The trial commissioner ruled that the claimant’s testimony was not credible, as it contradicted the medical records and testimony of Dr. Manlapaz. Findings, ¶ A. He cited Dr. Manlapaz’ original opinion stating that “although it was difficult to pinpoint the cause . . . in his opinion the need for surgery was related to [a] 1991 motor vehicle accident.” Findings, ¶ C. He ruled that the claimant had not sustained her burden of proving a causal relationship between the condition of her lumbar spine and her need for surgery, as her reasons for delaying surgery until February 16, 1996 were financial and personal in nature. Findings, ¶ F, G. He dismissed her claim for payment of the lumbar fusion performed by Dr. Manlapaz and her ensuing disability claim, from which decision the claimant has appealed.
The claimant contends in her brief that the trier failed to address whether she was totally disabled from October 2, 1995 until February 16, 19961, the date preceding her surgery, as a result of her September 7, 1995 injury. She requests that the case be remanded for such a determination. It is well-settled that our workers’ compensation law charges the claimant with the burden of proving the relationship between a compensable injury and any resultant disability. Aquino v. Clairol, Inc., 3802 CRB-7-98-4 (March 3, 1999). With respect to the instant matter, we believe that the trier’s denial of the claimant’s Motion to Correct also operated as a dismissal of her claim for total disability.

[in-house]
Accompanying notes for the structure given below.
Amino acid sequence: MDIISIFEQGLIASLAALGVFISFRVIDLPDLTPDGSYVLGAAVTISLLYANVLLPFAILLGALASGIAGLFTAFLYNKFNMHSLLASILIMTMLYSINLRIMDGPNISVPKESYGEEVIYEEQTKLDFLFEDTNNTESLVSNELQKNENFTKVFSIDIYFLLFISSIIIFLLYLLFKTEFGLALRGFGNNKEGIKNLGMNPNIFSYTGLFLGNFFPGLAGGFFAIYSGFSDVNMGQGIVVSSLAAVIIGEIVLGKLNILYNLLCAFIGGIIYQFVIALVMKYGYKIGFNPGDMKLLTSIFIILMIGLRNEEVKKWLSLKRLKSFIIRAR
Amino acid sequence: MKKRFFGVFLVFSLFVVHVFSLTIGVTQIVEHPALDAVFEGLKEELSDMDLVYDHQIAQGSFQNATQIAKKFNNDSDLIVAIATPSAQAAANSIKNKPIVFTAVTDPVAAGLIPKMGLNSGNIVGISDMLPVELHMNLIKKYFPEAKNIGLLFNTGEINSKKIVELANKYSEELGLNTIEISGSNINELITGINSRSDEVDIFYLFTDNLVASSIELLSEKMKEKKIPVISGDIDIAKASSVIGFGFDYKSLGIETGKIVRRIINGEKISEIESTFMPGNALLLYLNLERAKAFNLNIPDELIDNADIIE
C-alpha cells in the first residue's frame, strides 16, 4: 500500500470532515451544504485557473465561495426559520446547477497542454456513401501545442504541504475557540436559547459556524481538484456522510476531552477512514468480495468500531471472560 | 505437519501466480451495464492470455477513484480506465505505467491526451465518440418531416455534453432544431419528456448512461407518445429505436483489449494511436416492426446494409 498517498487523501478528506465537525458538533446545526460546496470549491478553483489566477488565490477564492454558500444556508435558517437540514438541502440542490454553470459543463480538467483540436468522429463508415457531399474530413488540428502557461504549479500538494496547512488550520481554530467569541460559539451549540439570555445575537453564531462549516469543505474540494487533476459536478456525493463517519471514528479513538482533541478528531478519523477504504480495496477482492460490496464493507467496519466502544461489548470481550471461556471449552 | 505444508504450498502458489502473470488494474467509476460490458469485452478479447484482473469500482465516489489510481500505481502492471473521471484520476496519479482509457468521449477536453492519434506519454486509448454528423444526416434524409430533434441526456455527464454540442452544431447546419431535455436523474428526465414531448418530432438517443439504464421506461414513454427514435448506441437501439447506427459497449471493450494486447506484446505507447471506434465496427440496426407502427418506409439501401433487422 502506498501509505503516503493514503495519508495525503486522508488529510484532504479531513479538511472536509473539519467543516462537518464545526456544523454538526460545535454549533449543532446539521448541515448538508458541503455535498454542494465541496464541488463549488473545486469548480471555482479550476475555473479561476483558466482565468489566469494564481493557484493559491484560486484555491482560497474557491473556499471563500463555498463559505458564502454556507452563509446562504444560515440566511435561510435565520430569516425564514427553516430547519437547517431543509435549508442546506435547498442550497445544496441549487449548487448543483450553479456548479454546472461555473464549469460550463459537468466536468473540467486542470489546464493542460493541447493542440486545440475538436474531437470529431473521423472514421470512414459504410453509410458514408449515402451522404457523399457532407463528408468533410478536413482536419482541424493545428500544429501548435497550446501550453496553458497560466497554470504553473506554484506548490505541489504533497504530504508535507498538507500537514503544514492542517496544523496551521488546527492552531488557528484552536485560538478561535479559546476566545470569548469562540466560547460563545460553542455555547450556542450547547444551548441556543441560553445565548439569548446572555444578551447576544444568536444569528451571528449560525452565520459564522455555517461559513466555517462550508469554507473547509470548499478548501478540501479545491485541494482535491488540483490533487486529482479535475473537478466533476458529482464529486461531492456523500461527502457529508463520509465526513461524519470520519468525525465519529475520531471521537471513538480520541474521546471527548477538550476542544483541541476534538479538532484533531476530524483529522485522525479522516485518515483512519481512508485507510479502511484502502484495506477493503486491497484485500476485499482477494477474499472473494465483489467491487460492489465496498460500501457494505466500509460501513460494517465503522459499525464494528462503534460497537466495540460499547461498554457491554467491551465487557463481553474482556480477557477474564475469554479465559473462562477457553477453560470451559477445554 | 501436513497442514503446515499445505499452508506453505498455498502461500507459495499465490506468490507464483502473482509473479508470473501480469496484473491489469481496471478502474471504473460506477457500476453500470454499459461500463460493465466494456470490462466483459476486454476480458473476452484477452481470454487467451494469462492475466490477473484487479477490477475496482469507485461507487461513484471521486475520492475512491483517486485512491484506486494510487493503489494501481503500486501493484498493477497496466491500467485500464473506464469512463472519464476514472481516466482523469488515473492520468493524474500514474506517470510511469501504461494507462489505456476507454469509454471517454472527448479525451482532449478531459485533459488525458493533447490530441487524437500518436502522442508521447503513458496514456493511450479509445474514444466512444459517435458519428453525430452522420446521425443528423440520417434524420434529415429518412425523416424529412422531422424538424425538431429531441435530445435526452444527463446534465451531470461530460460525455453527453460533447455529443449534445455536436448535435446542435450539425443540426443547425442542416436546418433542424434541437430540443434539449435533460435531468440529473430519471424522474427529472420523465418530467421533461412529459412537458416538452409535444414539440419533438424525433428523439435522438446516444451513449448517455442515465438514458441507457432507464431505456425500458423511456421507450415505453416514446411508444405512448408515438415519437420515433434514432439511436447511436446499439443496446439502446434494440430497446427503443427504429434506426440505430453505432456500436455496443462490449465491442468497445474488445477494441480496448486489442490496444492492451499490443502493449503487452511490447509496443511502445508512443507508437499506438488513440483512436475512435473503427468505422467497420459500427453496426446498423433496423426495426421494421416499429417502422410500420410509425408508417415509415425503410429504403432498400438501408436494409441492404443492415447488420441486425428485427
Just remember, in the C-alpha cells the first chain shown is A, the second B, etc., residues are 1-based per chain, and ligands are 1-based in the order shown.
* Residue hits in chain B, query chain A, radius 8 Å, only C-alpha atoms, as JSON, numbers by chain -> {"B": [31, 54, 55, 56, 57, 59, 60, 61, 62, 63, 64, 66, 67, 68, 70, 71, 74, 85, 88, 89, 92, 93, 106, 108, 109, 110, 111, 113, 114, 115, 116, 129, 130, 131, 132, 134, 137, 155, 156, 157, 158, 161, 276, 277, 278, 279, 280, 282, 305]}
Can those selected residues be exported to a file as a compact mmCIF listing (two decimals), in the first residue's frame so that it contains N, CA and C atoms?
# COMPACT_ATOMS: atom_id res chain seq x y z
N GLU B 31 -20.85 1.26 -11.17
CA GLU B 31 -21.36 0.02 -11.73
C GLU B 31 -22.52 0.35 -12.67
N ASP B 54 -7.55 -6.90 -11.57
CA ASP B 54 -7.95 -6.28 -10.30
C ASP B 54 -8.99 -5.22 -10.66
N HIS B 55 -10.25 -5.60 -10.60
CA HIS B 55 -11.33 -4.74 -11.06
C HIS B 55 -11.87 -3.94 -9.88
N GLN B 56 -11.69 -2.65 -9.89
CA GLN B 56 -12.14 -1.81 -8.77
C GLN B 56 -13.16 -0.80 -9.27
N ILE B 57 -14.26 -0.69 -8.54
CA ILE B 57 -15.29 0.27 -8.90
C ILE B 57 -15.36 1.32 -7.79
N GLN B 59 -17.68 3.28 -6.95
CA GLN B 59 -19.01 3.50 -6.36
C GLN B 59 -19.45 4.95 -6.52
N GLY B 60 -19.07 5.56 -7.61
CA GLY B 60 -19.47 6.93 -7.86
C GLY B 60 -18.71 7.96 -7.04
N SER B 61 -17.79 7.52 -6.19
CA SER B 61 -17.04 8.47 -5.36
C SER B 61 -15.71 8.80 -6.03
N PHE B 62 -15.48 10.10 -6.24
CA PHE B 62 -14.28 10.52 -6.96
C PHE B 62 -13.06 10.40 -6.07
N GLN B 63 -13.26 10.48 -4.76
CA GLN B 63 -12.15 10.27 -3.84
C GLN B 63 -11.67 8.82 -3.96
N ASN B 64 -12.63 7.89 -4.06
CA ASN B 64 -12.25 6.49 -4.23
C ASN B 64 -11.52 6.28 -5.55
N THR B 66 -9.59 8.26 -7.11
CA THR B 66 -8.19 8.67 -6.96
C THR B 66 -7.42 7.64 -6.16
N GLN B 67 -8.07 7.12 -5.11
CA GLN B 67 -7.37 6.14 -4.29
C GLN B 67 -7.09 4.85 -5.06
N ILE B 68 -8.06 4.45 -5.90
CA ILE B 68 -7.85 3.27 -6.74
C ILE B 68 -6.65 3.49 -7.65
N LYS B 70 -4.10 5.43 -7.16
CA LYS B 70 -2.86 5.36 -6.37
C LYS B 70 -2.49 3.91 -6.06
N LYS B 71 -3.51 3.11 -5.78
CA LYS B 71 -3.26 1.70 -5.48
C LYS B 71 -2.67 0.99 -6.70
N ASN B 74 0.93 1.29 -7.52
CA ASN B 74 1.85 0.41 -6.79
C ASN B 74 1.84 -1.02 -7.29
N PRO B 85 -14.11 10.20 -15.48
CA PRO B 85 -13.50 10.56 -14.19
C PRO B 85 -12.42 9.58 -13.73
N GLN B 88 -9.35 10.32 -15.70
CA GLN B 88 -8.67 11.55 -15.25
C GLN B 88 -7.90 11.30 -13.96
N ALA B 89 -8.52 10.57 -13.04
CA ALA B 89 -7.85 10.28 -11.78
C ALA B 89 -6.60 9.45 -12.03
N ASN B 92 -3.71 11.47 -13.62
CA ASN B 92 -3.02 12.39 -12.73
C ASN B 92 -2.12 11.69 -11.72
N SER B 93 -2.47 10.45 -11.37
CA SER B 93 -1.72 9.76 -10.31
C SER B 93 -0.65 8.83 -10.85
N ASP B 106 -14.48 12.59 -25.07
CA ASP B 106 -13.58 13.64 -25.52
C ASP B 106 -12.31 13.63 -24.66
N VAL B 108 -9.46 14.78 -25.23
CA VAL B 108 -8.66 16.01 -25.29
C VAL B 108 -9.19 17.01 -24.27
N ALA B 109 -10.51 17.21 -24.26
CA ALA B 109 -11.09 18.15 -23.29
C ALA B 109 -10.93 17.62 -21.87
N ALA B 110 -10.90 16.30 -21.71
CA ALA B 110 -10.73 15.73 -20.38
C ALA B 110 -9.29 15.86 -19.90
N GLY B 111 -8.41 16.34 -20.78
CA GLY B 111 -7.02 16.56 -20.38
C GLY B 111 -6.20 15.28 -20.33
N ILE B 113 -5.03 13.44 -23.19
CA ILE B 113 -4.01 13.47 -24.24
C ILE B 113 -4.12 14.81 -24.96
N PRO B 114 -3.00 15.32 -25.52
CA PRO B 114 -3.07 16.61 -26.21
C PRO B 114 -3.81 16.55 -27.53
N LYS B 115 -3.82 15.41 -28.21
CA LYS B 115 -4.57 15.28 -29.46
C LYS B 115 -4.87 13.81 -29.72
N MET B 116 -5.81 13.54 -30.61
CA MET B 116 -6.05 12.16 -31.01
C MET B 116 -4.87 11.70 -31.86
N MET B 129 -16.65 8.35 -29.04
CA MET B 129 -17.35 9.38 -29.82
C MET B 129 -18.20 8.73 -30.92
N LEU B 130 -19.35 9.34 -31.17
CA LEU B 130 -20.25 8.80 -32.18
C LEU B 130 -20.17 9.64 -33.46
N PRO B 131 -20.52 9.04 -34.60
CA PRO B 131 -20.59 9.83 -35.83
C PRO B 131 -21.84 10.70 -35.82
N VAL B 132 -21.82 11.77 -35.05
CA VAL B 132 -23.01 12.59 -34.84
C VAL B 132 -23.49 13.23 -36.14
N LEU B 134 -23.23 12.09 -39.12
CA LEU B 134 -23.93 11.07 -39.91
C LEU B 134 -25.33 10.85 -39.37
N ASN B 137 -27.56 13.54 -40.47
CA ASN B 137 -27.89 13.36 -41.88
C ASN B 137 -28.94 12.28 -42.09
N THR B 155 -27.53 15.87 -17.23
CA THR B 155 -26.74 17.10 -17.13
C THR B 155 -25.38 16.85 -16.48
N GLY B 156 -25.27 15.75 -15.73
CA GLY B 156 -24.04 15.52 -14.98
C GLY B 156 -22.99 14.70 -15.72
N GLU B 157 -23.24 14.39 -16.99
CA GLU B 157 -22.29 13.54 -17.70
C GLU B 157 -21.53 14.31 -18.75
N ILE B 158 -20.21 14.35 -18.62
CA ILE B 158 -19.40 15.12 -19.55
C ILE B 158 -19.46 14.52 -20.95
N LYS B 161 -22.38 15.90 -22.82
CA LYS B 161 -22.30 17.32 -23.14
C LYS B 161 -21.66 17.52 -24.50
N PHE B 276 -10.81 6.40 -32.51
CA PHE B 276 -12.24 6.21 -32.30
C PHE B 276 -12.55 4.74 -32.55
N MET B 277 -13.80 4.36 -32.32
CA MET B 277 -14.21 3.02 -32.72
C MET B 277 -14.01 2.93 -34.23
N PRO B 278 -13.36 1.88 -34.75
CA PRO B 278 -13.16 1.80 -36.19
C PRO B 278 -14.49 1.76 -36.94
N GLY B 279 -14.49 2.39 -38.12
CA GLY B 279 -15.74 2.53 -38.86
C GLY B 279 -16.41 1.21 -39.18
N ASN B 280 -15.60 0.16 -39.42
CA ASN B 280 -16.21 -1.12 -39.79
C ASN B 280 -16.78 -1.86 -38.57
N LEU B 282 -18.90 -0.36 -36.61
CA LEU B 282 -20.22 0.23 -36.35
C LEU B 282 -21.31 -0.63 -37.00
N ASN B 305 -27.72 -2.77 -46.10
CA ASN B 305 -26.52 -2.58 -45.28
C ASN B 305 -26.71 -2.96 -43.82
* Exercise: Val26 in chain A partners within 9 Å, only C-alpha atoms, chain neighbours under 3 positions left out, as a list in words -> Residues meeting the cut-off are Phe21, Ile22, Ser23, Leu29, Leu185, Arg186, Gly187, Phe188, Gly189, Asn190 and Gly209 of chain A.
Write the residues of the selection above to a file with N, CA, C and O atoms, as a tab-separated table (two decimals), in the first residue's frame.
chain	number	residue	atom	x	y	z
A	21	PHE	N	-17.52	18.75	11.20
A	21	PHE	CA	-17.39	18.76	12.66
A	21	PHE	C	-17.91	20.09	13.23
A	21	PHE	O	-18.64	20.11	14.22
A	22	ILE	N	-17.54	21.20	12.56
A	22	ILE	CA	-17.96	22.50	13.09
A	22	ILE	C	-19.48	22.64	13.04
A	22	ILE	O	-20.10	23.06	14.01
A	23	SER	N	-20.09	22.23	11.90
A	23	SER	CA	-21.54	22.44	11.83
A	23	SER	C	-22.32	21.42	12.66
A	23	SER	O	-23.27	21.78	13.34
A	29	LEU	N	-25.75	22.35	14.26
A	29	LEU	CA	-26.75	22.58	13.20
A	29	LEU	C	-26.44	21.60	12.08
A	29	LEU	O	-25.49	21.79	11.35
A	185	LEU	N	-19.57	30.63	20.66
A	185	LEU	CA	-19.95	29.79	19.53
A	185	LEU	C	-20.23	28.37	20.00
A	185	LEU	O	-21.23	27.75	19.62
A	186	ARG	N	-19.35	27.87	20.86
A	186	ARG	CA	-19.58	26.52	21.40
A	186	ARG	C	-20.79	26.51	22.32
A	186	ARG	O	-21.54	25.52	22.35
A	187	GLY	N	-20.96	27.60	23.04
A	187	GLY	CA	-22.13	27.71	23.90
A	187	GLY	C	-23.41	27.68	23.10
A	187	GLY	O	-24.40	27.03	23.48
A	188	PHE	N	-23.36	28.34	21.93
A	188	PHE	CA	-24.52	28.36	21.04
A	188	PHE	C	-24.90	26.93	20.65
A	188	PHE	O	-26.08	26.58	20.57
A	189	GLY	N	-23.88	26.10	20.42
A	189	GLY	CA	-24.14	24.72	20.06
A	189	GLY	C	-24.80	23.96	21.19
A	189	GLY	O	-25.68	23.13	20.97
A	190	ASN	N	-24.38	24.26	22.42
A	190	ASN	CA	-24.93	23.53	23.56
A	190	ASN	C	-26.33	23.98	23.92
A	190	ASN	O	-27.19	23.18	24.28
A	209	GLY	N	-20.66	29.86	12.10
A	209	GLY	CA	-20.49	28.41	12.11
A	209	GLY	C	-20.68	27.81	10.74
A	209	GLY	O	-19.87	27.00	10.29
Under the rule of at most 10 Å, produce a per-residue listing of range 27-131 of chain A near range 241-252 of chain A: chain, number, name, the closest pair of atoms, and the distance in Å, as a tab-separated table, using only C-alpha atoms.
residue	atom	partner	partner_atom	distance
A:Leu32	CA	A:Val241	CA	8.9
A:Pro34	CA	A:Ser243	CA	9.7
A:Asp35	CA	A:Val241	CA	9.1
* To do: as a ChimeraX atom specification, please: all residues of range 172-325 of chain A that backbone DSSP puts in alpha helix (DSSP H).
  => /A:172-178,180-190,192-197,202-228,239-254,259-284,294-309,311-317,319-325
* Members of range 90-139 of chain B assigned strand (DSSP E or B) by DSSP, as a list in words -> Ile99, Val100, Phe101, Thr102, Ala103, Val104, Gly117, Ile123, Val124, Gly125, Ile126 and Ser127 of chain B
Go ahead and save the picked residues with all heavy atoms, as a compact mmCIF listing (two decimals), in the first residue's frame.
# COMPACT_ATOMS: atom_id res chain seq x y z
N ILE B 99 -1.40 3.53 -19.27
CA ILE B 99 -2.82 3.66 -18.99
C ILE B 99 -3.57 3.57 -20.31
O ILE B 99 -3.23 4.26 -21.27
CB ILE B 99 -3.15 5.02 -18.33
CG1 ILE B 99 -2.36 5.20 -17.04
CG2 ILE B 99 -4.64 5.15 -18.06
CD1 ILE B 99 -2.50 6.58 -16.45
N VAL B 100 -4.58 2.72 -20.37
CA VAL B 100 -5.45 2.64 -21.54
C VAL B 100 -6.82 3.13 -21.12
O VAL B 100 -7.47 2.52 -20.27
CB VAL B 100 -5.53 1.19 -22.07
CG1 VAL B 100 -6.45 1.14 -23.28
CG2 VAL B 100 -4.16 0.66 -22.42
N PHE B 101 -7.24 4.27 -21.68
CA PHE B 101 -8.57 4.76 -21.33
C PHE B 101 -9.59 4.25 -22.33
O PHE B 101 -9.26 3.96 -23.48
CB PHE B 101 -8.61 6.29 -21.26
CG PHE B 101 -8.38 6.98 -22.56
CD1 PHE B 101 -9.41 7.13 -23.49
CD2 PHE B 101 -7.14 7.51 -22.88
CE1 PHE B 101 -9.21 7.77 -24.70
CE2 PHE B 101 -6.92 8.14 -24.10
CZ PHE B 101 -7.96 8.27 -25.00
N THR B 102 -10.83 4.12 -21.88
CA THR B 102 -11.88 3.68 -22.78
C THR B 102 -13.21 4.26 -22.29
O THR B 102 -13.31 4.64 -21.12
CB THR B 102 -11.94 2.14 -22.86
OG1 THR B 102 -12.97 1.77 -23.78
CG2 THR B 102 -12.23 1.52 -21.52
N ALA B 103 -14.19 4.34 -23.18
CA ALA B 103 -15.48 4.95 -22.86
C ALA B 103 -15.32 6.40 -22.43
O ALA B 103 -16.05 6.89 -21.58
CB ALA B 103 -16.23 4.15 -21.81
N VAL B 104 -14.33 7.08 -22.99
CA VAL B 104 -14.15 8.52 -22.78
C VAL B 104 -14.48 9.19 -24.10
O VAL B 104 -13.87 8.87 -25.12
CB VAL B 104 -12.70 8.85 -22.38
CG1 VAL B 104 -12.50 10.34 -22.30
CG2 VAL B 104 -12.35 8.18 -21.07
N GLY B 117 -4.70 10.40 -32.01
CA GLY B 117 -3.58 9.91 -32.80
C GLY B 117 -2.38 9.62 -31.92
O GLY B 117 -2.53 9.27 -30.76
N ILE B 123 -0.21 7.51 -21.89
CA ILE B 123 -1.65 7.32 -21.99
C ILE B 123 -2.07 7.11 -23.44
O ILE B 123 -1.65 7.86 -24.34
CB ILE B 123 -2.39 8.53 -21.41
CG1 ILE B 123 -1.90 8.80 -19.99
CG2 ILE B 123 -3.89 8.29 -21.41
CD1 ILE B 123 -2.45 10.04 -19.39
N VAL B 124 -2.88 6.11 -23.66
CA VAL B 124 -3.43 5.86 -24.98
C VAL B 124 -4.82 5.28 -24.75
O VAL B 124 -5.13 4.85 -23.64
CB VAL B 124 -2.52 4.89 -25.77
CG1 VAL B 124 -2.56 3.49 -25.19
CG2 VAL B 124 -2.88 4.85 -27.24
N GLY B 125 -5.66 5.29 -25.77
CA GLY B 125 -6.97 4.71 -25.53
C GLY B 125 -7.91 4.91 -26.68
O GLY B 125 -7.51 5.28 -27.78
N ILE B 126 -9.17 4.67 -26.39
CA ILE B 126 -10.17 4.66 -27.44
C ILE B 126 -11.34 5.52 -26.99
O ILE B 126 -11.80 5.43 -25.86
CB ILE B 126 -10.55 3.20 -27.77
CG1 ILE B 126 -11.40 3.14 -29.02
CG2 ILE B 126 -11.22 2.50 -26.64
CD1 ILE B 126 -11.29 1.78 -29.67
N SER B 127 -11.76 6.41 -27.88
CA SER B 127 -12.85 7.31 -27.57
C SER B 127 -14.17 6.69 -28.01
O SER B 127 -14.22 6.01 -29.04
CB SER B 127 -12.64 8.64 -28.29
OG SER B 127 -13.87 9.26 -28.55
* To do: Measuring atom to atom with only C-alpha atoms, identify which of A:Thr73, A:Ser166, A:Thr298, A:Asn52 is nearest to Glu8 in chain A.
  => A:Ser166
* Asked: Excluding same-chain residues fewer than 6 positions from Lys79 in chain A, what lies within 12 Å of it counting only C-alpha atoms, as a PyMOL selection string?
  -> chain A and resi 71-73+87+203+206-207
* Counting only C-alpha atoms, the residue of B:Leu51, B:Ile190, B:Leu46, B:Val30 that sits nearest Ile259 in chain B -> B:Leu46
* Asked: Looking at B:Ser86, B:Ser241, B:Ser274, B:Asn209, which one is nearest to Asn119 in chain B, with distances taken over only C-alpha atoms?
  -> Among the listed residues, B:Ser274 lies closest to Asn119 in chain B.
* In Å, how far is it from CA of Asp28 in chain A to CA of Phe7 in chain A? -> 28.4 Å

By denying her request to amend Finding #31, which states that the claimant’s work restriction lasted until the end of September, by adding to it a finding that the claimant was thereafter “taken out of work and rendered temporarily totally disabled as of October 2, 1998[sic] by Dr. Manlapaz,” the trier was indicating that he did not find that testimony persuasive. It is, of course, the province of the trial commissioner to determine the credibility of the witnesses and testimony, including medical evidence, and it is also within his authority to reject evidence that is not expressly contradicted. Pallotto v. Blakeslee Prestress, Inc., 3651 CRB-3-97-7 (July 17, 1998). Given that the trier found that the claimant’s need for surgery was unrelated to her compensable injury, it was quite reasonable for him to find that any disability she experienced in the months leading up to that surgery was also the product of her pre-existing condition. This board may not vitiate the commissioner’s fact-finding powers by retrying the case on review. Fair v. People’s Savings Bank, 207 Conn. 535, 539 (1988); O’Reilly v. General Dynamics Corp., 52 Conn. App. 813, 818 (1999). The trier’s dismissal of the instant claim is reasonably based upon visible discrepancies in the record, and we perceive no error in his factual findings or legal conclusions. Fair, supra, 541.
The trial commissioner’s decision is hereby affirmed.
Commissioners Stephen B. Delaney and John A. Mastropietro concur.
1 The claimant actually used the date “February 15, 1995” in her Motion to Correct and her brief, but we will take it upon ourselves to correct this obvious scrivener’s error. BACK TO TEXT